HB PMV Comfort Map - Accepting CFD Inputs For Air Speed

@chris -

Is it currently possible to read in CFD results to inform air speed input in PMV comfort map? If not, what is your take on this?

I see “air speed” is currently flagged as a “single number” input.


It’s not too difficult to do this since we already do it for the UTCI mapping recipe:

But no one had asked for it with PMV until now.

If you confirm that you can test it and you have a project where you’ve run CFD simulations to get a matrix of hourly air speeds for each sensor, then I’ll try to add this as soon as I get the chance.


This is what I am looking for. However, I am not familiar with CFD. I like to integrate CFD with energy and thermal comfort to consider natural ventilation’s impact on both of these objectives in my project. Is there any example file or article showing step-by-step stages to read and follow?

That’s where I got the idea. :smiley:

Yes, I have CFD models in which I can extract air speed results to test updated PMV mapping recipe.

Do you think it makes sense to allow for similar option to overwrite dry bulb temp at each sensor as well i.e. to allow import of air temp gradient you’ll get from CFD result?

That’s great and I’ll try to add this soon if I get the chance. Can I ask how you are extrapolating the point-in-time CFD results into hourly values for the comfort maps? I know for the UTCI comfort maps, we typically had to run multiple CFD simulations from different directions and then relate those to the hourly EPW wind speeds and directions.

For this indoor case, are you assuming that all air speed is driven by a mechanical system that is constantly running? And it’s always supplying air at the same temperature so that the air circulation pattern is always the same and you effectively have the same air speeds everywhere all of the time? Are you worried about the circulation pattern changing depending on whether a heating or cooling system is active?

Or are you primarily trying to show the effect of something larger like ceiling fans, which could be turned on or off and will probably dominate the air circulation when they are on?

I’m asking because it would be good to write some best practices for this into the description of the new input that I add.

That seems a little more ambiguous in terms of how to use it correctly because the average air temperature of the room is typically changing on an hourly basis depending on the heat gains and losses. And I am sure that any stratification pattern varies even more than the average air temperature. Maybe we could eventually expose something that lets your specify how the air temperature at a sensor differs from the average room air temperature but I still would worry that an input like that might not be used correctly and could give people a false sense of accuracy.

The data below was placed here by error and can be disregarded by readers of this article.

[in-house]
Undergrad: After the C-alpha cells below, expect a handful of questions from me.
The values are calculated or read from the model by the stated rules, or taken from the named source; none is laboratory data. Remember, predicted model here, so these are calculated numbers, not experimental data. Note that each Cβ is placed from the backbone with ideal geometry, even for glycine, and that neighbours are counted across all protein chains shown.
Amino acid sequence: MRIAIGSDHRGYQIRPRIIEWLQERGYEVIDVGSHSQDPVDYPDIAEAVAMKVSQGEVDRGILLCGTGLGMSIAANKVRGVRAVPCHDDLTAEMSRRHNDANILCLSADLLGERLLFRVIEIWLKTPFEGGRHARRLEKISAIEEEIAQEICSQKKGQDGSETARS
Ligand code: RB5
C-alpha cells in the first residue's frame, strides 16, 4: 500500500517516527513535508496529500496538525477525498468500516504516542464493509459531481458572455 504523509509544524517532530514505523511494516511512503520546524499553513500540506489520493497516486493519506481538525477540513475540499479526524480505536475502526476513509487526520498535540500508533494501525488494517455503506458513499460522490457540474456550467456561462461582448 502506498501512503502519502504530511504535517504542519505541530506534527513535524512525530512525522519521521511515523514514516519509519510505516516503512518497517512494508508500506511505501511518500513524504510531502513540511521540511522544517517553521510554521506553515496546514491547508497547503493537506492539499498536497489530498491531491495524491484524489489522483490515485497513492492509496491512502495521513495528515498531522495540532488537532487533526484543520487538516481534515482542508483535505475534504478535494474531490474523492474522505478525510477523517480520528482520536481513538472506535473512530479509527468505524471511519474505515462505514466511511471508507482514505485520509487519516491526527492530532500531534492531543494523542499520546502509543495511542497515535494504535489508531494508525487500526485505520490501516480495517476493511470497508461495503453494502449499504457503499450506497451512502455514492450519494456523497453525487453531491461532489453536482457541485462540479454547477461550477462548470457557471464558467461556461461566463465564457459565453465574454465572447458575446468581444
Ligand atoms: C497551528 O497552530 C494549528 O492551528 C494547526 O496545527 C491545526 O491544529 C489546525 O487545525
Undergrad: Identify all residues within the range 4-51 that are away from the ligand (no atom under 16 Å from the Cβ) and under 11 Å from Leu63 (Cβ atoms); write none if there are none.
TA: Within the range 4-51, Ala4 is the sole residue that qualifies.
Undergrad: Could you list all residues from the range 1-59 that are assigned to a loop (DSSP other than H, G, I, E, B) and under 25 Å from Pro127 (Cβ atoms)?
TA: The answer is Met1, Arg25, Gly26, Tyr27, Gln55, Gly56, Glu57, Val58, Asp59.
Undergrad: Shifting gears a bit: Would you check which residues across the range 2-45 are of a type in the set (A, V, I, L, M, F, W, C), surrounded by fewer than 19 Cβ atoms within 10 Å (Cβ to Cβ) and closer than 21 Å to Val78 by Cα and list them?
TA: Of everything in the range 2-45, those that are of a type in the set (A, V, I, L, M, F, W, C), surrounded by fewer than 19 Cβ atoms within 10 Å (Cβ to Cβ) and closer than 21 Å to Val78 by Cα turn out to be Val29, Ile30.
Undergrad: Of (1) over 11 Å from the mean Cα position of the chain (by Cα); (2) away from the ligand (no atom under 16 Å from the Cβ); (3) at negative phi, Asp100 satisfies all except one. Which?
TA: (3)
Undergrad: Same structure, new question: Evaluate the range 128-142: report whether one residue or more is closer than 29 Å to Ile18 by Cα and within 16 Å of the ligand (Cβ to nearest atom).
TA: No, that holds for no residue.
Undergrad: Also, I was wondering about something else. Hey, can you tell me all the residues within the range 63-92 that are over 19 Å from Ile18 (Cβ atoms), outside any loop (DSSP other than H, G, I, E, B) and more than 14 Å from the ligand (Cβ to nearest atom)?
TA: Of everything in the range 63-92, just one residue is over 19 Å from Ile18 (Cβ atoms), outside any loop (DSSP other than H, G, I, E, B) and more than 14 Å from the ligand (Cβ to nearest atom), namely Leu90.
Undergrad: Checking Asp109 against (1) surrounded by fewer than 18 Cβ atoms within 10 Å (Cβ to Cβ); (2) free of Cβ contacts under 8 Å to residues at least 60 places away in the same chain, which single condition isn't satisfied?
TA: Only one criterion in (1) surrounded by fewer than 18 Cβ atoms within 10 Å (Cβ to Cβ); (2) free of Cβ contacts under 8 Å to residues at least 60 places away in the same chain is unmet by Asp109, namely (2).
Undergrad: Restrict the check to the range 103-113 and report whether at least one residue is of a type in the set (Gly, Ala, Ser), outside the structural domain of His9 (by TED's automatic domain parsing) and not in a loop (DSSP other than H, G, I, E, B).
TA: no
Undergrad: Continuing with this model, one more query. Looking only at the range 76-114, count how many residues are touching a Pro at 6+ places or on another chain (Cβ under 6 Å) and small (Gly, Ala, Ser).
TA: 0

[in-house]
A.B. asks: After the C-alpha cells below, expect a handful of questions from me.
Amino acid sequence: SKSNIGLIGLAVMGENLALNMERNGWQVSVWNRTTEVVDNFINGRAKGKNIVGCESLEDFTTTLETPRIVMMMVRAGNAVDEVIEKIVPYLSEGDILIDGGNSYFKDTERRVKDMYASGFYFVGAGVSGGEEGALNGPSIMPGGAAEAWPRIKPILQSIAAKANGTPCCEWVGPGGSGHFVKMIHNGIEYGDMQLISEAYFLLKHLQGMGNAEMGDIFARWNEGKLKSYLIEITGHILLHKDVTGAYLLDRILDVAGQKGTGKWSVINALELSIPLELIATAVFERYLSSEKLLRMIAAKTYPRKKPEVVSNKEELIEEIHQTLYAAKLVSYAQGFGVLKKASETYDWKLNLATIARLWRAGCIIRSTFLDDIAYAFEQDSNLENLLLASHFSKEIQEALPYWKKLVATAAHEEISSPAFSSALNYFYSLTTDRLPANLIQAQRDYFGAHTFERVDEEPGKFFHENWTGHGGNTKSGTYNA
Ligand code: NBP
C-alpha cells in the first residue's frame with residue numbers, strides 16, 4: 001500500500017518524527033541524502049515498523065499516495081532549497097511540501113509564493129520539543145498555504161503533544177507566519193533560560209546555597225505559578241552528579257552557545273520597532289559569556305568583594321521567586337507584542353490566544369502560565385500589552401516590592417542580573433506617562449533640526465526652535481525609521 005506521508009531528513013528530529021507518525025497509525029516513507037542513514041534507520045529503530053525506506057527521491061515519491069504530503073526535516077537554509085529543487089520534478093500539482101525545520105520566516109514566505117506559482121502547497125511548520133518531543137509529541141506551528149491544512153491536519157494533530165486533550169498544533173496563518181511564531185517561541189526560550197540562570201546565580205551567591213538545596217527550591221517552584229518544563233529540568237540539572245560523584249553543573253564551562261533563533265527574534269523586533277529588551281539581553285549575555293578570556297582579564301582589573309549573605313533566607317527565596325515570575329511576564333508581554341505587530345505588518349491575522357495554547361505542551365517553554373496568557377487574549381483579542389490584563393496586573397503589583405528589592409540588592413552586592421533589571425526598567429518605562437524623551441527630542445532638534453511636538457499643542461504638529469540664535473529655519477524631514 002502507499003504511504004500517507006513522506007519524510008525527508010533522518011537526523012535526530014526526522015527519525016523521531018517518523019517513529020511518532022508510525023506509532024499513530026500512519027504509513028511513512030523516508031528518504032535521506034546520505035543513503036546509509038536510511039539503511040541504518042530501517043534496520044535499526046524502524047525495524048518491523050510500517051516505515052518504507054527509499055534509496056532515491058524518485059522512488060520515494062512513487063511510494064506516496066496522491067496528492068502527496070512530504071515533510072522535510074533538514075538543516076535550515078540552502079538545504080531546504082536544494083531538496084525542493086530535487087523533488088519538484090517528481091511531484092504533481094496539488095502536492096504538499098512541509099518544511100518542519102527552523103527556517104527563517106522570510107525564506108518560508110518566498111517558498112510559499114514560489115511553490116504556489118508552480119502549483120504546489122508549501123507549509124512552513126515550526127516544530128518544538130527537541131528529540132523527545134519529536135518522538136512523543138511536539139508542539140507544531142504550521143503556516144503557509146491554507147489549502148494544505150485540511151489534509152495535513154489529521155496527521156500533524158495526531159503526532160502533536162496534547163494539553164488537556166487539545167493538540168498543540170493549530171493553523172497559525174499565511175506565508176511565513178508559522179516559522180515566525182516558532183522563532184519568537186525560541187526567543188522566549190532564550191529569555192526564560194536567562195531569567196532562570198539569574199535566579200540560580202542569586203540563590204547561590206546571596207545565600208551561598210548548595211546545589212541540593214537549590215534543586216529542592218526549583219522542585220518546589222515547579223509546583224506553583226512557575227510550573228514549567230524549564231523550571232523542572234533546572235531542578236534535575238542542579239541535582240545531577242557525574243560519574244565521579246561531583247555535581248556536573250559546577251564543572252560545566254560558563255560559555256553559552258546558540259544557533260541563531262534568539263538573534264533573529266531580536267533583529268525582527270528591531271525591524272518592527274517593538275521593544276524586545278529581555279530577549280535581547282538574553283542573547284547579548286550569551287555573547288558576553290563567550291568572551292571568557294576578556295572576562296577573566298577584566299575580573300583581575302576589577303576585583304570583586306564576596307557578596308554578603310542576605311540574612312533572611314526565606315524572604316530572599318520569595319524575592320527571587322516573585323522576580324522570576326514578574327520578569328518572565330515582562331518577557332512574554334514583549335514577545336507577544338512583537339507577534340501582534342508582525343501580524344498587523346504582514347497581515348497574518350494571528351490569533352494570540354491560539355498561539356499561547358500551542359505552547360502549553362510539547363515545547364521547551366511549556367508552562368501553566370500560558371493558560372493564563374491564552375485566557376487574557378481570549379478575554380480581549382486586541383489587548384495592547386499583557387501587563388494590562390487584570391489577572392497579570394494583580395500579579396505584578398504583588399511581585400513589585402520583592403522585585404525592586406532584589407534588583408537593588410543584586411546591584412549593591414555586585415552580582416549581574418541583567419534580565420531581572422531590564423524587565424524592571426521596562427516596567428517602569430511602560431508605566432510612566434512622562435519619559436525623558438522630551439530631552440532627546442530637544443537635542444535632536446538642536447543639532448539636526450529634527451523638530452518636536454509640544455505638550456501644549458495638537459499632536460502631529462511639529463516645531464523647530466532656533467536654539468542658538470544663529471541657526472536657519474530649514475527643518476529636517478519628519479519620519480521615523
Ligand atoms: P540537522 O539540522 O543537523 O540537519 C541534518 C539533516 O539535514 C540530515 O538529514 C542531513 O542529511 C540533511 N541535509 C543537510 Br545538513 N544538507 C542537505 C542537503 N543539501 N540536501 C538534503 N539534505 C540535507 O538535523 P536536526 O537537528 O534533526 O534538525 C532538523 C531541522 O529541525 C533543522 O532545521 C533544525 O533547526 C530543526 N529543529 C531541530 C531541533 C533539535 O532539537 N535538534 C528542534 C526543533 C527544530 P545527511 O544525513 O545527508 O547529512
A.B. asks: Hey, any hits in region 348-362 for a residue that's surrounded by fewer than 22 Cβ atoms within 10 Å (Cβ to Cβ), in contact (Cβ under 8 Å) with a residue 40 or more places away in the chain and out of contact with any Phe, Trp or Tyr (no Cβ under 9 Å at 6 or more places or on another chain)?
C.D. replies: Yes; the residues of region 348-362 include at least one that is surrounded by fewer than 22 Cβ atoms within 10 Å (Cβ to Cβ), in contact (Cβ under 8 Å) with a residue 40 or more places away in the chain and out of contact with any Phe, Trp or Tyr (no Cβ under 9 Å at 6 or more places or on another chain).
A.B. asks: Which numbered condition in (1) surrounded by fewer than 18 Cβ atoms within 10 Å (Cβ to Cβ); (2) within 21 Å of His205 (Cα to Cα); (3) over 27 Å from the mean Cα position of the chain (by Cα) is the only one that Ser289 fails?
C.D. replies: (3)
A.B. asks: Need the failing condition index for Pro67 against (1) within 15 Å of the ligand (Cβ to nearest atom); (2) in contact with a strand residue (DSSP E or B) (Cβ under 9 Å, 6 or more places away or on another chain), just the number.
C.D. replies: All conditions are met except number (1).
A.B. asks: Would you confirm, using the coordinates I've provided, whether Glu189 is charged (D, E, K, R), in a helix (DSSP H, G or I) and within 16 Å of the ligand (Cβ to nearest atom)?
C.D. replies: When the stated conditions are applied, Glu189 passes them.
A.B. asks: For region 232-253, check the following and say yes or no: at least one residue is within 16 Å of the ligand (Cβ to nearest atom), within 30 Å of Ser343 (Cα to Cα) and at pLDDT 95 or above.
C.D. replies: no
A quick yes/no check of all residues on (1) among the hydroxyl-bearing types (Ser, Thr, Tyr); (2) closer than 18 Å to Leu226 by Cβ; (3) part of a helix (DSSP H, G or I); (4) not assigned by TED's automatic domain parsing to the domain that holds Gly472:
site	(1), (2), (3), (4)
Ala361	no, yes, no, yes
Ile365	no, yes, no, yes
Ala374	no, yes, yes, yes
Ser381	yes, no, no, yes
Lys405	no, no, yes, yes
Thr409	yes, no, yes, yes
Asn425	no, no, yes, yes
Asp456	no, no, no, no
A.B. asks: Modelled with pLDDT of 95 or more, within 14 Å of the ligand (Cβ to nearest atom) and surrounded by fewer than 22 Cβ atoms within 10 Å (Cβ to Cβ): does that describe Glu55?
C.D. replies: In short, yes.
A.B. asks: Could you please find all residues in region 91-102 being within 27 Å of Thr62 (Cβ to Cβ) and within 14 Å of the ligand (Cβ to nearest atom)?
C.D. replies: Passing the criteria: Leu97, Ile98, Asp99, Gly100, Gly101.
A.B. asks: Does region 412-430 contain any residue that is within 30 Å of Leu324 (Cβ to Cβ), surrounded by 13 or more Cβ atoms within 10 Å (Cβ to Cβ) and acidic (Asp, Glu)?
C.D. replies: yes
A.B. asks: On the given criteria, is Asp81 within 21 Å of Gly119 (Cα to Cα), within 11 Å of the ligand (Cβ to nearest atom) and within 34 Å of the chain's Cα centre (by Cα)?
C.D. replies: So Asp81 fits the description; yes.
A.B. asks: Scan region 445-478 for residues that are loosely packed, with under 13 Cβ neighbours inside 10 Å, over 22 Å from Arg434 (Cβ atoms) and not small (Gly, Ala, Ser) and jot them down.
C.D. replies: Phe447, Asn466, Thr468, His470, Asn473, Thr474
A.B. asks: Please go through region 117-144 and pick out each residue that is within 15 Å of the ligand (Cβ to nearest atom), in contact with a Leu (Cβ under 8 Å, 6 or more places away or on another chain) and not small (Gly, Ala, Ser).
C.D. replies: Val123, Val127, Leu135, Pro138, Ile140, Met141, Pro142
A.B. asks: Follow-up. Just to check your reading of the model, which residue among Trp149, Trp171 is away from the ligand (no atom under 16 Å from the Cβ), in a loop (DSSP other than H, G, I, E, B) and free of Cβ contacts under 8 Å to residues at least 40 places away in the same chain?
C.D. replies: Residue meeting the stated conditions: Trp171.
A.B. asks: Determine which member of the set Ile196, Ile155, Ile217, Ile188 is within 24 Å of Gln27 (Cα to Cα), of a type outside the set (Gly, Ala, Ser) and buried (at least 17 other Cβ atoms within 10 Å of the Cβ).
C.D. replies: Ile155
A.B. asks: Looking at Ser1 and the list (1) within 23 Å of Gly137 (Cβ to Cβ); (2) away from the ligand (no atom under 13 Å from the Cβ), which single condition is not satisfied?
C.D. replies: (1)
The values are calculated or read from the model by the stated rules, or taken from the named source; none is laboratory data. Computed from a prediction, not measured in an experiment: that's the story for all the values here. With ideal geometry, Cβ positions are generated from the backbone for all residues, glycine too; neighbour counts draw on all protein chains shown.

Good questions! I’ve read your paper on UTCI, thanks for publishing this.

You’re right, users should be careful taking steady state, point in time CFD analysis results and applying across 8760 energy model. In the most accurate sense, CFD results should be applied to the same energy model scenario that was used to set the CFD boundary conditions.

My assumption is that you’re testing a design case and not trying to create full year hourly profile of airspeeds and air temperatures from CFD results. Therefore, the HVAC system is on, has achieved steady state air circulation pattern, and will drive indoor velocity and local air temperature. Therefore, I’d have unique steady state CFD result datasets for each concept being tested. Examples below.

Scenario 1: Design Heating - high temp supply air on design winter day
Scenario 2: Design Cooling - cool supply air on design summer day
Scenario 3: HVLS fan or other scenario as necessary

If I understand correctly, the PMV recipe accepts single air speed and applies it to each sensor in the plane across hourly simulation. I’d like to calculate point in time airspeed and air temperature for each sensor and apply it similarly across a period of interest in the hourly energy model simulation e.g., coldest week (heating) or hottest week (cooling). Or I could apply it to a design cooling or design heating day. Applying indoor CFD result to the full year probably does not make sense unless you have a constant HVAC/local fan strategy.

I have not found a CFD platform that does a great job at PMV calculation and includes spatial MRT otherwise I could just stay with CFD platform rather than hybrid approach.

With ability to set airspeed and/or air temp at sensor locations, even without a CFD analysis, users could potentially use catalog fan or diffuser throw velocity data to estimate local airspeeds and impact on PMV map.

Thanks for challenging my thoughts!

Understood! But I’m thinking of this applied more in a steady state fashion e.g., to design cooling/heating cases or to coldest/hottest weeks. For example, close to diffuser discharging 55F or 85F air you’ll have local temperature gradient. Depending on air circulation pattern, you may find that air is not well mixed / stratified from CFD result. the comfort map could pick up this new air temp from CFD result.